The Arlington County Sheriff’s Department, which runs the county jail, says it does not shackle pregnant inmates during labor, and only handcuffs one hand to the rail of the hospital bed during postpartum recovery, according to a recent article by The Crime Report. An inmate who gave birth 11 years ago, however, told the publication that she was shackled during the entire 12-hour delivery.

“Virginia cannot declare a victory in putting an end to the appalling practice of shackling of women inmates during childbirth until the Virginia General Assembly passes a law prohibiting it in all jails and prisons, at all levels, across the state,” the National Religious Campaign Against Torture said.

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The Virginia Department of Corrections will prohibit the shackling of pregnant inmates during labor and post-partum recovery, Del. Patrick Hope announced this morning.

Hope introduced a bill earlier this year to ban the practice. The bill was defeated but supporters were able to pressure the department to change its internal policies without the need for legislation.

Here’s the press release from Hope’s office announcing the planned change in policy.

The Virginia Department of Corrections is planning to implement regulations to prohibit the shackling of pregnant inmates in Virginia’s prisons. The regulation is modeled after legislation (HB 1488) introduced by Delegate Patrick A. Hope (D-Arlington) in the 2011 legislative session and supported by the following organizations: the American Medical Association, American Congress of Obstetricians and Gynecologists, the Virginia Chapter of the American Congress of Obstetricians and Gynecologists, Legal Aid Justice Center, ACLU of Virginia, NARAL Pro-Choice-Virginia, Planned Parenthood-Virginia, VA CURE, and the National Religious Campaign Against Torture.

Specifically, the regulations prohibit the use of restraints on pregnant inmates during labor, delivery, or post-partum recovery. Front-end handcuffs may be used but only during transport. Additional restraints may be used if a determination is made that the inmate poses a danger to herself or others. The regulations take the additional step in requiring documentation when additional restraints are used.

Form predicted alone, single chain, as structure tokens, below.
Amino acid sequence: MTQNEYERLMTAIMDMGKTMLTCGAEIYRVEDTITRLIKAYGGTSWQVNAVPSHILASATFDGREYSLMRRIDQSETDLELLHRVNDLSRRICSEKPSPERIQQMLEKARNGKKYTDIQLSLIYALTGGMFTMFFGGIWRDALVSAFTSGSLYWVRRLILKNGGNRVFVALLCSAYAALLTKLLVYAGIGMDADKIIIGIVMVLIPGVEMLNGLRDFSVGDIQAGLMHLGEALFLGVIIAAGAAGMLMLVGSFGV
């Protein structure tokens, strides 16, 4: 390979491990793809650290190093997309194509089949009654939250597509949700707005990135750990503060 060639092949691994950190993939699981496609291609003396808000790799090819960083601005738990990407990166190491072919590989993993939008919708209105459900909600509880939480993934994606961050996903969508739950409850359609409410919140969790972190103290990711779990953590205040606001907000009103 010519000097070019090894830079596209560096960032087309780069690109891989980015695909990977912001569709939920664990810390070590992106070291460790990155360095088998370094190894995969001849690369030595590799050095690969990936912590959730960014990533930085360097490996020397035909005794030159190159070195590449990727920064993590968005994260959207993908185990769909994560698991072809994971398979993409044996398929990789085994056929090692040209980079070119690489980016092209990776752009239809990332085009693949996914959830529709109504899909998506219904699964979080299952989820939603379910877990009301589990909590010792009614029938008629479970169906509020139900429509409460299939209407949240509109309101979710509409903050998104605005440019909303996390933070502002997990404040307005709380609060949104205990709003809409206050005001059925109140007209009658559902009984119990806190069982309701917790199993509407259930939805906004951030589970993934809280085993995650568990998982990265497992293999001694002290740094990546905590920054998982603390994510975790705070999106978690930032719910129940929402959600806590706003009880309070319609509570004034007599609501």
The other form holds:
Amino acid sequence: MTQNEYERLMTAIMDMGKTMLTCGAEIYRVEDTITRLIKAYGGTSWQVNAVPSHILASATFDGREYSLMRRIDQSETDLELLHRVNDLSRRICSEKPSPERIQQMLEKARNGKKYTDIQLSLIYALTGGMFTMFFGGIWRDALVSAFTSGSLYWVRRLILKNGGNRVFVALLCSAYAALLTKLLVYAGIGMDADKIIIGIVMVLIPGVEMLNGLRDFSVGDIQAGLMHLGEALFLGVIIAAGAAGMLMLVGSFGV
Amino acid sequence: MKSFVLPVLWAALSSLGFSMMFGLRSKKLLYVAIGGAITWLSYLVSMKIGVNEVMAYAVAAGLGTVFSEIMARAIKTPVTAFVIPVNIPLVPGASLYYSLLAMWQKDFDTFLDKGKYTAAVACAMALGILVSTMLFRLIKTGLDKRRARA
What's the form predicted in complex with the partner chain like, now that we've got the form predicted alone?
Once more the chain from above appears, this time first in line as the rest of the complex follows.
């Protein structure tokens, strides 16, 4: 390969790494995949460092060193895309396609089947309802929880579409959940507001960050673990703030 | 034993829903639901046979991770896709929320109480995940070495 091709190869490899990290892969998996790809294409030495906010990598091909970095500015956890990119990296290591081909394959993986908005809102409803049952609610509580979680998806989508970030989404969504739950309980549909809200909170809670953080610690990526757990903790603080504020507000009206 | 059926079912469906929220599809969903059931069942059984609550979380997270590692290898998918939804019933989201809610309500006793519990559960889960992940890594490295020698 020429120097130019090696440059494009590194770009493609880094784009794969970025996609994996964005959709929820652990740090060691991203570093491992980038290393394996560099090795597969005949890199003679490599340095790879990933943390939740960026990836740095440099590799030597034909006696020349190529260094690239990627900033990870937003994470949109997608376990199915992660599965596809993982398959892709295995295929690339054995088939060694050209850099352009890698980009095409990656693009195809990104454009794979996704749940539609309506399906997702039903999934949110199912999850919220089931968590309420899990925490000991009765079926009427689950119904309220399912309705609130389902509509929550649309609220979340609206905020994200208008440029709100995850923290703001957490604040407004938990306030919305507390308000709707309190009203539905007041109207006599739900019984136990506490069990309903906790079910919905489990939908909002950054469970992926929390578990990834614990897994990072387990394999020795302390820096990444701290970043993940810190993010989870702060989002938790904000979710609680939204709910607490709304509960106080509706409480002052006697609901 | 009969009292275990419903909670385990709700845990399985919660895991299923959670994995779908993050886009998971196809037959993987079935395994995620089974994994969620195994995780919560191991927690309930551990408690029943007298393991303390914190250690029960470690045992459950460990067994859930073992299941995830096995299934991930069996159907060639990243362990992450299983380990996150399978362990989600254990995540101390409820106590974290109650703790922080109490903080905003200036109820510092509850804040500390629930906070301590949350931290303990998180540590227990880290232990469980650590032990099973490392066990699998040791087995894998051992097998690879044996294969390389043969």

Delegate Hope worked with Virginia Department of Corrections Director, Harold Clarke, for several months on this in-depth policy and offered high praise saying, “Director Clarke recognized the importance of spelling out a policy that protects the health of the mother and her unborn child. He deserves a lot of credit for taking this significant, bold step.” Delegate Hope continued, “This policy sets the tone for other correctional facilities such as our county and regional jails to follow suit. I hope they will also spell out similar regulations.” The Department of Corrections only has jurisdiction over Virginia’s prisons.

With this regulation, Virginia’s prison system joins ten other states — California, Colorado, Illinois, Pennsylvania, New Mexico, New York, Texas, Vermont, Washington, and West Virginia – who have banned the practice. The Federal Bureau of Prisons and the U.S. Marshals Service also have policies that block the shackling of inmates during childbirth.

Hope is running for reelection to the House of Delegates this year. He faces Independent Green Party candidate Jennifer Stanley.

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(Updated at 8:00 a.m. on 2/9/11) A bill that would have prohibited the shackling of pregnant inmates during labor and postpartum recovery has failed in a Virginia House of Delegates committee.